Tuesday, September 29, 2009

5770

Gal wrote a wonderful piece here.

The High Holy Days are just behind us and, as always, she writes eloquently about motherhood, faith, disjunction, and loss. You should read her piece in its entirety. But here, this, from the prayerbook at her Yom Kippur services, I have to repeat:

This is the vision of a great and noble life:
To endure ambiguity and to make light shine through it;
To stand fast in uncertainty;
To prove capable of unlimited love and hope.


And as long as we are looking at faith and loss, Karen Gerstenberger also has a terrific post, here, in which numerous parallels between her experience and mine are apparent, particularly our difficulties in returning to home churches with their memories and our finding refuge in Catholic masses.

I can't say that the Catholics have a more developed theology of suffering than do the Presbyterians, but they certainly have, at least in my admittedly limited experience, a more developed daily expression of the continuum from catastrophe to restoration.

I am fascinated by how many of us find our faith homes disconcerting at best after such shattering losses, and how easily we now move into the ambiguities between distinct religious spaces.

Jewish. Protestant. Catholic. The longing for language to reflect the realities of dislocation, suffering, hope, and renewal ~ the same. The desire to mark our experiences as holy and locate them within a sacred tradition ~ the same. The losses ~ the same.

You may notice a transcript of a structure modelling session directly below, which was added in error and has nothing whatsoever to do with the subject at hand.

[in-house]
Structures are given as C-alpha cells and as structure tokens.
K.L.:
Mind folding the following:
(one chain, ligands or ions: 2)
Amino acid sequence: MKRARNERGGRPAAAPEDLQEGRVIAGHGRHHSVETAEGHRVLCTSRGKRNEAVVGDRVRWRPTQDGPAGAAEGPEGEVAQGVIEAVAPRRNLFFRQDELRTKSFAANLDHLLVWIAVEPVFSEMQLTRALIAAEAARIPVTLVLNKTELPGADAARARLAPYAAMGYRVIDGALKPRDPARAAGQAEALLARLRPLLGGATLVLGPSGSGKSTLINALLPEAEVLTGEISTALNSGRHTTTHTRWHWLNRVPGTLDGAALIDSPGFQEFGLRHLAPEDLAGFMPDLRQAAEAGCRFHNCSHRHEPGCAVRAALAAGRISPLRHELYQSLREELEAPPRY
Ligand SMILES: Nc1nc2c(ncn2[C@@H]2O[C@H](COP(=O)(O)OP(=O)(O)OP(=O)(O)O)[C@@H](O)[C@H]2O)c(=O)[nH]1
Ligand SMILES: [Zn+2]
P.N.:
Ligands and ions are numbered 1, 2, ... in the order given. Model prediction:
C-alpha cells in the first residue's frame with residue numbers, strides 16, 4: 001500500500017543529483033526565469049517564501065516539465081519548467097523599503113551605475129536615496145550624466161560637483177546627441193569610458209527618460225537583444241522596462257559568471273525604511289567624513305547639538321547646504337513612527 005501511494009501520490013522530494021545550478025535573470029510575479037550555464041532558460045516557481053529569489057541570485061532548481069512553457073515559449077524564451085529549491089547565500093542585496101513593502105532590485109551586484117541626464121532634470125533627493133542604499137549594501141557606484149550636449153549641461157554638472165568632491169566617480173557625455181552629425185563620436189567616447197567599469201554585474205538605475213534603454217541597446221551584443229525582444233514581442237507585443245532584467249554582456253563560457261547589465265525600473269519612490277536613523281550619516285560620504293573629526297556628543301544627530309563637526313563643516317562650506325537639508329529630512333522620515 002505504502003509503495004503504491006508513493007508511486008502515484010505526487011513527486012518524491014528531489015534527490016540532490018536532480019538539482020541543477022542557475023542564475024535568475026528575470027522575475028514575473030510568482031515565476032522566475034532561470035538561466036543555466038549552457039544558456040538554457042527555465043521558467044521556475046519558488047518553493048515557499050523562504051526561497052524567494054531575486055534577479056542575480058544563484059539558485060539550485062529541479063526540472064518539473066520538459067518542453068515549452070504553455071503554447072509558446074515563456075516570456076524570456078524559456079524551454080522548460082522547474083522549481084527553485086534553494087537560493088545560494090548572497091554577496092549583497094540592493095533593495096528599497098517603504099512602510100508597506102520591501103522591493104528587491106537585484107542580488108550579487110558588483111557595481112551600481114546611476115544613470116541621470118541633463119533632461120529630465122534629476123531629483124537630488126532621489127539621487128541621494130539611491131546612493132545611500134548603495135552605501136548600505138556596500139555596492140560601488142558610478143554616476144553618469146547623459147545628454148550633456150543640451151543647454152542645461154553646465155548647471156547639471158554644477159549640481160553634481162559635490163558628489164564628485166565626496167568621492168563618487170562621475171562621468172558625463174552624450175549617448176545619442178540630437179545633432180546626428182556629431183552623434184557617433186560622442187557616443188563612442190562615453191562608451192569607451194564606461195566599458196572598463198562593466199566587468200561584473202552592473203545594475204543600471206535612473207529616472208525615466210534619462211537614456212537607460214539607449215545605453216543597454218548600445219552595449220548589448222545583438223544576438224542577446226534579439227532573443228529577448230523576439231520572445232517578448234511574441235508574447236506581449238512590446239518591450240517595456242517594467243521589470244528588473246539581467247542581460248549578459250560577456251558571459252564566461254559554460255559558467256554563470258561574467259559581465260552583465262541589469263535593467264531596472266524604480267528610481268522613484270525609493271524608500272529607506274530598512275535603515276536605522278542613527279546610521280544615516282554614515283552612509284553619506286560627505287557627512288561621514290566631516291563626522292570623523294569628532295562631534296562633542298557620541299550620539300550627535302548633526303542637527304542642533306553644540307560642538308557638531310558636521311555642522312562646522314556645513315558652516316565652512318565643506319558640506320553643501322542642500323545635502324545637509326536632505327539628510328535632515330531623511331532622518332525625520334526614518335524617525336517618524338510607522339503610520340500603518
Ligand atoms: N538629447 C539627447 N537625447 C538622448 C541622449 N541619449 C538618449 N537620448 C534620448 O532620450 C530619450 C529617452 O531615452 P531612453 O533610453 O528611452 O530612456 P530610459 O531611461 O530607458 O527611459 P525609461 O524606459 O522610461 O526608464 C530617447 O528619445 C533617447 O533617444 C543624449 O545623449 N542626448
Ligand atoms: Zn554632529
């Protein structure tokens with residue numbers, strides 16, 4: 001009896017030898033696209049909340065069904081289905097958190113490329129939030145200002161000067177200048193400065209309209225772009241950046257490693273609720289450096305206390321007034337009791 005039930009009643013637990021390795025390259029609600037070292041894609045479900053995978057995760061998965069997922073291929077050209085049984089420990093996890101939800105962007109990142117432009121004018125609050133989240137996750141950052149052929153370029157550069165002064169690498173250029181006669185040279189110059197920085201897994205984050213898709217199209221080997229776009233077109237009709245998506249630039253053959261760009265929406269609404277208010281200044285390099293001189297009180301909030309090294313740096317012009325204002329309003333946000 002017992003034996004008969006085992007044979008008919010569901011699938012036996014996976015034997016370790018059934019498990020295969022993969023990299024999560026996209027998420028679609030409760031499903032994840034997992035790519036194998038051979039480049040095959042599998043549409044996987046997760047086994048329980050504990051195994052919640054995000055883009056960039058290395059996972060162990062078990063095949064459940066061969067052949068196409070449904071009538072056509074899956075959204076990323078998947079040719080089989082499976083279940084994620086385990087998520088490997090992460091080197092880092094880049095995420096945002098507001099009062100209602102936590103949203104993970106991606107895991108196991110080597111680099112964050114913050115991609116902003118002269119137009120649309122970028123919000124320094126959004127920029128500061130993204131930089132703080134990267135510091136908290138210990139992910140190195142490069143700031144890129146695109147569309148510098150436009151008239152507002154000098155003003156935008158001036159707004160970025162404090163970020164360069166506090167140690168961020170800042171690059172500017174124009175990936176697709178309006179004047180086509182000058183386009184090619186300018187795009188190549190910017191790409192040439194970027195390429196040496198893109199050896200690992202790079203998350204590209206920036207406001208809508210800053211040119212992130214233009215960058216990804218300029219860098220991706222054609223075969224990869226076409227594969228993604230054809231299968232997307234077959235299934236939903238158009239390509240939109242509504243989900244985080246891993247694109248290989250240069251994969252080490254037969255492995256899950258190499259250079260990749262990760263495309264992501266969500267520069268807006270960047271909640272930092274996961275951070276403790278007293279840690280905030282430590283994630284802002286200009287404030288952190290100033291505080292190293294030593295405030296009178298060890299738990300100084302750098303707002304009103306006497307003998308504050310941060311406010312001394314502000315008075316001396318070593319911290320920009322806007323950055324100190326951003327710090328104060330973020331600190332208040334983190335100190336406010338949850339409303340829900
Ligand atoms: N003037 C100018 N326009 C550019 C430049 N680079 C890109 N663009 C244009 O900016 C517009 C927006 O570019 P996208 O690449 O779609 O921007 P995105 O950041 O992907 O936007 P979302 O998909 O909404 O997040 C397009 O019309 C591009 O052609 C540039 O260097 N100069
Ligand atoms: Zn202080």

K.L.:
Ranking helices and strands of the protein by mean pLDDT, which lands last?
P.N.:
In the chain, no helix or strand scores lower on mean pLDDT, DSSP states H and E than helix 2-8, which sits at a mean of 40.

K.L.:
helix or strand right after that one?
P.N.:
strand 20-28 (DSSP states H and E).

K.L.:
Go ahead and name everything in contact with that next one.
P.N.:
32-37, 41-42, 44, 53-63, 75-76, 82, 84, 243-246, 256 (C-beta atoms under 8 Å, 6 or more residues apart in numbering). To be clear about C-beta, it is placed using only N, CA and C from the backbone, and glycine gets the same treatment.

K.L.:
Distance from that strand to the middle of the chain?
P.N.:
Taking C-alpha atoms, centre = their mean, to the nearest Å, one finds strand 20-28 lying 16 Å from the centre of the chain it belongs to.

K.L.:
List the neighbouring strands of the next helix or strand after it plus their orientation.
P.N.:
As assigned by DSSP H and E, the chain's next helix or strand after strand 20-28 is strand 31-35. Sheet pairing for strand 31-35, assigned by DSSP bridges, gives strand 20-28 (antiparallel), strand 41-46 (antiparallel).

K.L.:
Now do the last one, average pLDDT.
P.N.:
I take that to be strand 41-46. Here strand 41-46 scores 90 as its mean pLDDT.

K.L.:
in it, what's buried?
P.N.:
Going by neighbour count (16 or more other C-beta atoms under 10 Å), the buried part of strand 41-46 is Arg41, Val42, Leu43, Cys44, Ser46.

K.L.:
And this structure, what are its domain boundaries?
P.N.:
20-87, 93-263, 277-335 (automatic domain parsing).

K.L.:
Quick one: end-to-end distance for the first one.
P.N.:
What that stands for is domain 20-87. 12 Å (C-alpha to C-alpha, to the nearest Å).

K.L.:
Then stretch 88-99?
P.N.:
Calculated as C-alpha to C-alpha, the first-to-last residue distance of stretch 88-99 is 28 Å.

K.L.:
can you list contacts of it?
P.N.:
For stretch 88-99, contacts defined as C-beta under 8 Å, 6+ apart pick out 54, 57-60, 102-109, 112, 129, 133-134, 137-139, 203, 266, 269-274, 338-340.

7 comments:

karen gerstenberger said...

Yes, and thank you for posting those words from the Yom Kippur service. Oh, dear God, how they speak of my heart's desire! XO

Karen and Joe said...

"I am fascinated by how many of us find our faith homes disconcerting at best after such shattering losses, and how easily we now move into the ambiguities between distinct religious spaces."

Me too.

Mompriest said...

I'm going on a silent retreat in a couple of weeks. I'm taking with me Joan Chittister's, "Scarred by Struggle, Transformed by Hope." I've read it before but have no idea if it will be useful as I move through my recent congregational tragedy. Still, I agree, the Catholics offer a way to move through suffering and despair to hope.

August said...

That quote is just beautiful. I must have passed it along to at least 6 people already today. Thanks for sharing!

Carol said...

I thought of you, Robin, when I read Gal's post. So apropos of so much of your expressed struggles these past 13 months.
Those passages alone make me sorry to have missed my congregation's afternoon and memorial services.

Mary Beth said...

As ever...I am here.

Lisa :-] said...

For me, there was no sacred tradition (with which I was familiar) that could encompass the loss.